Organisms beneath the seafloor barely need energy for life
A new study from Queen Mary University of London has revealed that life on Earth has a lower energy limit than expected. An international team of scientists has found microorganisms buried in sediment beneath the seafloor that can survive on about 50 billion times less energy than humans – a rate of energy consumption that was not previously known to support life.
The study has implications for understanding more about the origins of life on Earth, and about the potential for life on other planets.
The researchers used data on the abundance and distribution of carbon and microbial life in Earth’s deep biosphere and combined this information with the rate of biological and chemical reactions. The analysis enabled the researchers to determine the power consumption rate of individual microbial cells, or the rate at which they use energy.
The study revealed that sub-seafloor microbes survive on far less energy than has ever been known to support any form of life. This expands the habitable boundaries of life to encompass lower energy environments, which could help to inform future studies of when and where life emerged on our planet.
“When we think about the nature of life on Earth, we tend to think about the plants, animals, microscopic algae, and bacteria that thrive on Earth’s surface and within its oceans – constantly active, growing and reproducing,” said study co-author Dr. James Bradley, who is a professor of Environmental Science at Queen Mary.
“Yet here we show that an entire biosphere of microorganisms – as many cells as are contained in all of Earth’s soils or oceans, have barely enough energy to survive. Many of them are simply existing in a mostly inactive state – not growing, not dividing, and not evolving. These microbes use less energy than we previously thought was possible to support life on Earth.”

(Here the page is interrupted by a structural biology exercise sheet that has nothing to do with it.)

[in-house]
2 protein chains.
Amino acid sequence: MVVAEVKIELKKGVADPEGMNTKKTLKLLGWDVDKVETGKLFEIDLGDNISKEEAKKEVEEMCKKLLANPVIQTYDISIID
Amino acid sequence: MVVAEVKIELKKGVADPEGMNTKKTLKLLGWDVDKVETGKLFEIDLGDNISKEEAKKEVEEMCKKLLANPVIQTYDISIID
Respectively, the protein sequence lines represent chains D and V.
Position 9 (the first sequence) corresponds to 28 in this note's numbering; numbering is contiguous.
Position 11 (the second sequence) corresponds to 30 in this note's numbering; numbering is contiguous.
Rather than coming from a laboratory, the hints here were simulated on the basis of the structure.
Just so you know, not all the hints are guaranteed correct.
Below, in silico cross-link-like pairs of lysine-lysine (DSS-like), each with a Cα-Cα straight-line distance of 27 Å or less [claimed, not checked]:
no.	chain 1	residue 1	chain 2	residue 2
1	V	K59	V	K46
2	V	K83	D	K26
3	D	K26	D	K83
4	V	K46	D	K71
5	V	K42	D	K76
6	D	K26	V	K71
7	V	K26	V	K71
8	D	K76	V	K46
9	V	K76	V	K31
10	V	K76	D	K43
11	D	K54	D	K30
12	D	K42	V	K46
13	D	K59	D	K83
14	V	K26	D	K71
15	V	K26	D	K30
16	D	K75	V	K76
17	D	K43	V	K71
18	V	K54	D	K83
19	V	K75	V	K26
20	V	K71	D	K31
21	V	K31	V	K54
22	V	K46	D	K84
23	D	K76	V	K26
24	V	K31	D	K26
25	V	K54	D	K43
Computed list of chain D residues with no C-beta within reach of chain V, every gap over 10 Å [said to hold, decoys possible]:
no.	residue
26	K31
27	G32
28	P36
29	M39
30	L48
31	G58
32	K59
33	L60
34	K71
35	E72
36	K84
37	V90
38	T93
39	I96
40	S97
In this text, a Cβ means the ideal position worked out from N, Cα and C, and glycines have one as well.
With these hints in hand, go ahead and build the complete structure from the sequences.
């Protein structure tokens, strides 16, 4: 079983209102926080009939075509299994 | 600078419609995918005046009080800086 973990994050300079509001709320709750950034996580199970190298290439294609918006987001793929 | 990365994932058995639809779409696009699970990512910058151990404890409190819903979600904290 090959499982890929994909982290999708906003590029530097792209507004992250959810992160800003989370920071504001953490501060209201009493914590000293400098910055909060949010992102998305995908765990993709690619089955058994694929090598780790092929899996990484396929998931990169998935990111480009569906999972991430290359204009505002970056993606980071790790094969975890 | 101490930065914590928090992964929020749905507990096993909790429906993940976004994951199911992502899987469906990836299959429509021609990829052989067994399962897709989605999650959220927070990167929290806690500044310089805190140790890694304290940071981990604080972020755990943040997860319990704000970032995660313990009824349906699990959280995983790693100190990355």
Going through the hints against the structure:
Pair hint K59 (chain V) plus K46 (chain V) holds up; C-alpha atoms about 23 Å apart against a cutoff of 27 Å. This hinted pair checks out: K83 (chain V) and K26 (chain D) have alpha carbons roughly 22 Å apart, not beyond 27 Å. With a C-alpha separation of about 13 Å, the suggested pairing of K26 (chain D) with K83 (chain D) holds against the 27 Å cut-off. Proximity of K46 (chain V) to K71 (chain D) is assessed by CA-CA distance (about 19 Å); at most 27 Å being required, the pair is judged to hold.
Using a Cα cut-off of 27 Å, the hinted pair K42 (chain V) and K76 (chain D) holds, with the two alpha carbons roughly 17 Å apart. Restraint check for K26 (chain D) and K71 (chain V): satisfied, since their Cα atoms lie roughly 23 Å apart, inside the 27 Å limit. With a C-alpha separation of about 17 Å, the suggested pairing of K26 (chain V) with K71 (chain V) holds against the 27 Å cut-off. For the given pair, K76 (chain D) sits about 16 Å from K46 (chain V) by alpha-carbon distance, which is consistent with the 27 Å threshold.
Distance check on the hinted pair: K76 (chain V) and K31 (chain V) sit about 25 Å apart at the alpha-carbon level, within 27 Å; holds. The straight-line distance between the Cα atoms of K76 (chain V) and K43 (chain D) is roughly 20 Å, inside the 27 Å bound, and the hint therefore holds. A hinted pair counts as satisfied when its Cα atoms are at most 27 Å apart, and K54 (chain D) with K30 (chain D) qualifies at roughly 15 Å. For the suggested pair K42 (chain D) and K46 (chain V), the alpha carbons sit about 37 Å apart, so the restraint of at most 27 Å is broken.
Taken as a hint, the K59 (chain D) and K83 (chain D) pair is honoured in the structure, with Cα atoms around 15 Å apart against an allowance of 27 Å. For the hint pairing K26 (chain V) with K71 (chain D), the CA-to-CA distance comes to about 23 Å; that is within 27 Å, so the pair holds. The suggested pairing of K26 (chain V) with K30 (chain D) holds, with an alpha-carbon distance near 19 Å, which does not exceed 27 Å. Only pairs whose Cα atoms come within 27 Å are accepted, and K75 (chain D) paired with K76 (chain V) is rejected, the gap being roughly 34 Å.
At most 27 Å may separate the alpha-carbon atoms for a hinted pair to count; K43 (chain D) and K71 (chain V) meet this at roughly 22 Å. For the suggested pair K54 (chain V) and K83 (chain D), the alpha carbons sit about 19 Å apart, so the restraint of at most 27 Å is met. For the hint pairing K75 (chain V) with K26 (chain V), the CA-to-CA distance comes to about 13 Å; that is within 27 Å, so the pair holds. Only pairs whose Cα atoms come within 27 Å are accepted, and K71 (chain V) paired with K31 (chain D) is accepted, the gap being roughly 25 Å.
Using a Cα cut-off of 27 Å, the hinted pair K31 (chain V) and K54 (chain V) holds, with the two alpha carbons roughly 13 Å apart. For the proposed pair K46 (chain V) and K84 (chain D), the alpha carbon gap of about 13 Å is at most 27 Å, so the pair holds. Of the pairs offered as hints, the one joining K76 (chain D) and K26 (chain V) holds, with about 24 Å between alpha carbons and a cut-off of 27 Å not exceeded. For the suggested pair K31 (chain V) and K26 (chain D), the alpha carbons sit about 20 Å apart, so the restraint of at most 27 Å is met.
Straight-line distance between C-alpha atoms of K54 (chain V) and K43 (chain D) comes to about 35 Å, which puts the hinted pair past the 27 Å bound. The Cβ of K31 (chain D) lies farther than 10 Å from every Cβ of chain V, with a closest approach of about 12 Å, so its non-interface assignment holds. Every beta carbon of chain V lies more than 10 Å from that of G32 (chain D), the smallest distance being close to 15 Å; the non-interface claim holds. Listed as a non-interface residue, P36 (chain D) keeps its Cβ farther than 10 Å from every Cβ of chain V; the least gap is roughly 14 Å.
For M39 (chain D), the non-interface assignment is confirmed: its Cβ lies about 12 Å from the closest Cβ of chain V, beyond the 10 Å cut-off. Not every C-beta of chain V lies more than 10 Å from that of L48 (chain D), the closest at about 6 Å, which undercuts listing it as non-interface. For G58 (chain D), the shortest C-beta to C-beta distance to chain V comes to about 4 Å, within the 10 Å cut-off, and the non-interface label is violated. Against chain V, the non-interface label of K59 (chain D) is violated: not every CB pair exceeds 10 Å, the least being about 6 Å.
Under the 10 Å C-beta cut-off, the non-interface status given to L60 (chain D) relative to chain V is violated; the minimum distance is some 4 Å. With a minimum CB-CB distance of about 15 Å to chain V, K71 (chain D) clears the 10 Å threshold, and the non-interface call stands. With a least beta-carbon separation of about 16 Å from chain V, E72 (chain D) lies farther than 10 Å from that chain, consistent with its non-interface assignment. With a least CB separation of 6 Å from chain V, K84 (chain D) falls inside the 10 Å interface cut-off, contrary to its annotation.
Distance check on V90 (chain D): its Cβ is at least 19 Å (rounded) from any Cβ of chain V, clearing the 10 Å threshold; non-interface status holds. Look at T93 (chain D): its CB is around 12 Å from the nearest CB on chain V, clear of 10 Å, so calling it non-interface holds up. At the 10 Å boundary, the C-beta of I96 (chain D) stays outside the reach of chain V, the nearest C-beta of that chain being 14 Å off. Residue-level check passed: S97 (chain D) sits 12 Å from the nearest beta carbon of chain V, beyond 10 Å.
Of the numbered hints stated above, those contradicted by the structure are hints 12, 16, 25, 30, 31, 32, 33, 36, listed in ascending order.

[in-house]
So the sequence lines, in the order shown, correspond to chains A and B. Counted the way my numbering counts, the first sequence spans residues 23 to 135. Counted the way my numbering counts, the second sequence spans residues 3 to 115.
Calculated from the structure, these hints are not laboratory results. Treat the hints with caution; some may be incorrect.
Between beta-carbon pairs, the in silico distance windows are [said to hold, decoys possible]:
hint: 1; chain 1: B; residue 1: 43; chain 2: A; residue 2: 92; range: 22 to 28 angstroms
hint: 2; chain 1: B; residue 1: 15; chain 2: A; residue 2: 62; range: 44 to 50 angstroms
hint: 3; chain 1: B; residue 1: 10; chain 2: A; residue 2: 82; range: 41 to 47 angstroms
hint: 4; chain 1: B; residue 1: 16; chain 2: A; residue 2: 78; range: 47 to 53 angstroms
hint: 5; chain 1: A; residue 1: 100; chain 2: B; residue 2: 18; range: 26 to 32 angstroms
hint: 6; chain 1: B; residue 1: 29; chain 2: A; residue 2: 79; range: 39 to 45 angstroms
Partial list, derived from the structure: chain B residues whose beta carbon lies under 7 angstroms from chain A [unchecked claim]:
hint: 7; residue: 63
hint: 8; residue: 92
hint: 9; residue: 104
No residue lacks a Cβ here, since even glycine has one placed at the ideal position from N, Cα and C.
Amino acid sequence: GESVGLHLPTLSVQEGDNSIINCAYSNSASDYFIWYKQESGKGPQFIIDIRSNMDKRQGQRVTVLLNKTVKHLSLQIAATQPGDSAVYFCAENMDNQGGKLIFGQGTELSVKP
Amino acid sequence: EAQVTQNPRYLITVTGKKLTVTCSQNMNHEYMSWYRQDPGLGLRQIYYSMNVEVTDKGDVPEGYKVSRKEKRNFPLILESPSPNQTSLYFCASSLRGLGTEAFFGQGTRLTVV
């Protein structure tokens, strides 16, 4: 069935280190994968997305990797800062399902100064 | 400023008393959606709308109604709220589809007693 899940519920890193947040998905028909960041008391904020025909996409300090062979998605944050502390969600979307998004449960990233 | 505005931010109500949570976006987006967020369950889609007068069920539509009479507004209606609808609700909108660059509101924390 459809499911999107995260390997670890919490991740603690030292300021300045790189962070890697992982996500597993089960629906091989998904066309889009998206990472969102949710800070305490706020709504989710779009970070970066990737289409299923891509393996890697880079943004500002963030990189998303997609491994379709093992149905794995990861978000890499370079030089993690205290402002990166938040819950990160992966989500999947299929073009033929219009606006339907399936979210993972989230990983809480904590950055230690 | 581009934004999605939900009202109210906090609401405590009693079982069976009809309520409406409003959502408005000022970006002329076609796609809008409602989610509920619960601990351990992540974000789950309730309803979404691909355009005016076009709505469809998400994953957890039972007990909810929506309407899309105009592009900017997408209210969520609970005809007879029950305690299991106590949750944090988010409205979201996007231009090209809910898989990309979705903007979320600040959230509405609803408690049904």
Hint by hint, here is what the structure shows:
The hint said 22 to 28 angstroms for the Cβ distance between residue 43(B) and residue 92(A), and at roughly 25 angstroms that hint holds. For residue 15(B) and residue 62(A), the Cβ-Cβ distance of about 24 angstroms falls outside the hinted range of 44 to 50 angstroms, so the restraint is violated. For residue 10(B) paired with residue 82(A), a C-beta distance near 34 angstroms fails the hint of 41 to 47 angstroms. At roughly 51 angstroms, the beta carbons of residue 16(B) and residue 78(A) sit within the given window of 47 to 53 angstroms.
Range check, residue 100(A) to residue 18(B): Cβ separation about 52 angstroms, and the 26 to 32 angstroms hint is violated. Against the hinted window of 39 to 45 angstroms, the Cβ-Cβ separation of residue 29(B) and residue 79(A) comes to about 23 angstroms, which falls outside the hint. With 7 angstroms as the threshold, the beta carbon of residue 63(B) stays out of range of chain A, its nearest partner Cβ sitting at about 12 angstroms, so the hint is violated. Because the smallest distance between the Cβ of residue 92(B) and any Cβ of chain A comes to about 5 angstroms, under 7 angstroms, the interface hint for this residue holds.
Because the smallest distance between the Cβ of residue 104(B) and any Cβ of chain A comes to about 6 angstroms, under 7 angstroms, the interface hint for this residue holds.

“The average human uses around 100 watts of power – meaning they burn approximately 100 joules of energy every second. This is roughly equivalent to the power of a ceiling fan, a sewing machine, or two standard light bulbs. We calculate that the average microbe trapped in deep ocean sediments survives on fifty-billion-billion times less energy than a human.”
Study co-author Jan Amend is the director of the Center for Dark Energy Biosphere Investigations (C-DEBI) at the University of Southern California.
“Previous studies of life in the subseafloor – and there have been many good ones – focused predominantly on who’s there, and how much of it is there.”
“Now we’re digging deeper into ecological questions: what is it doing, and how fast is it doing it? Understanding the power limits of life establishes an essential baseline for microbial life on Earth and elsewhere.”
The research provides new insight into how microbes interact with chemical processes that take place deep below the seafloor. While oxygen provides the highest amount of energy to microbes, it is present in less than three percent of deep ocean sediments.
Anoxic sediments often contain microorganisms that produce methane as a result of their activity. Even though marine sediments are practically inactive, they are so abundant and persist for such extreme timescales that they make a significant contribution to Earth’s carbon and nutrient cycles.
“The findings of the research call into question not just the nature and limits of life on Earth, but elsewhere in the Universe,” said Dr. Bradley. “If life does exist on Mars or Europa for example, it would most likely take refuge in the subsurface of these energy-limited planetary bodies. If microbes only need a few zepto-watts of power to survive, there could be remnants of extant life, long dormant but still technically ‘alive’, beneath their icy surface.”
The study is published in the journal Science Advances.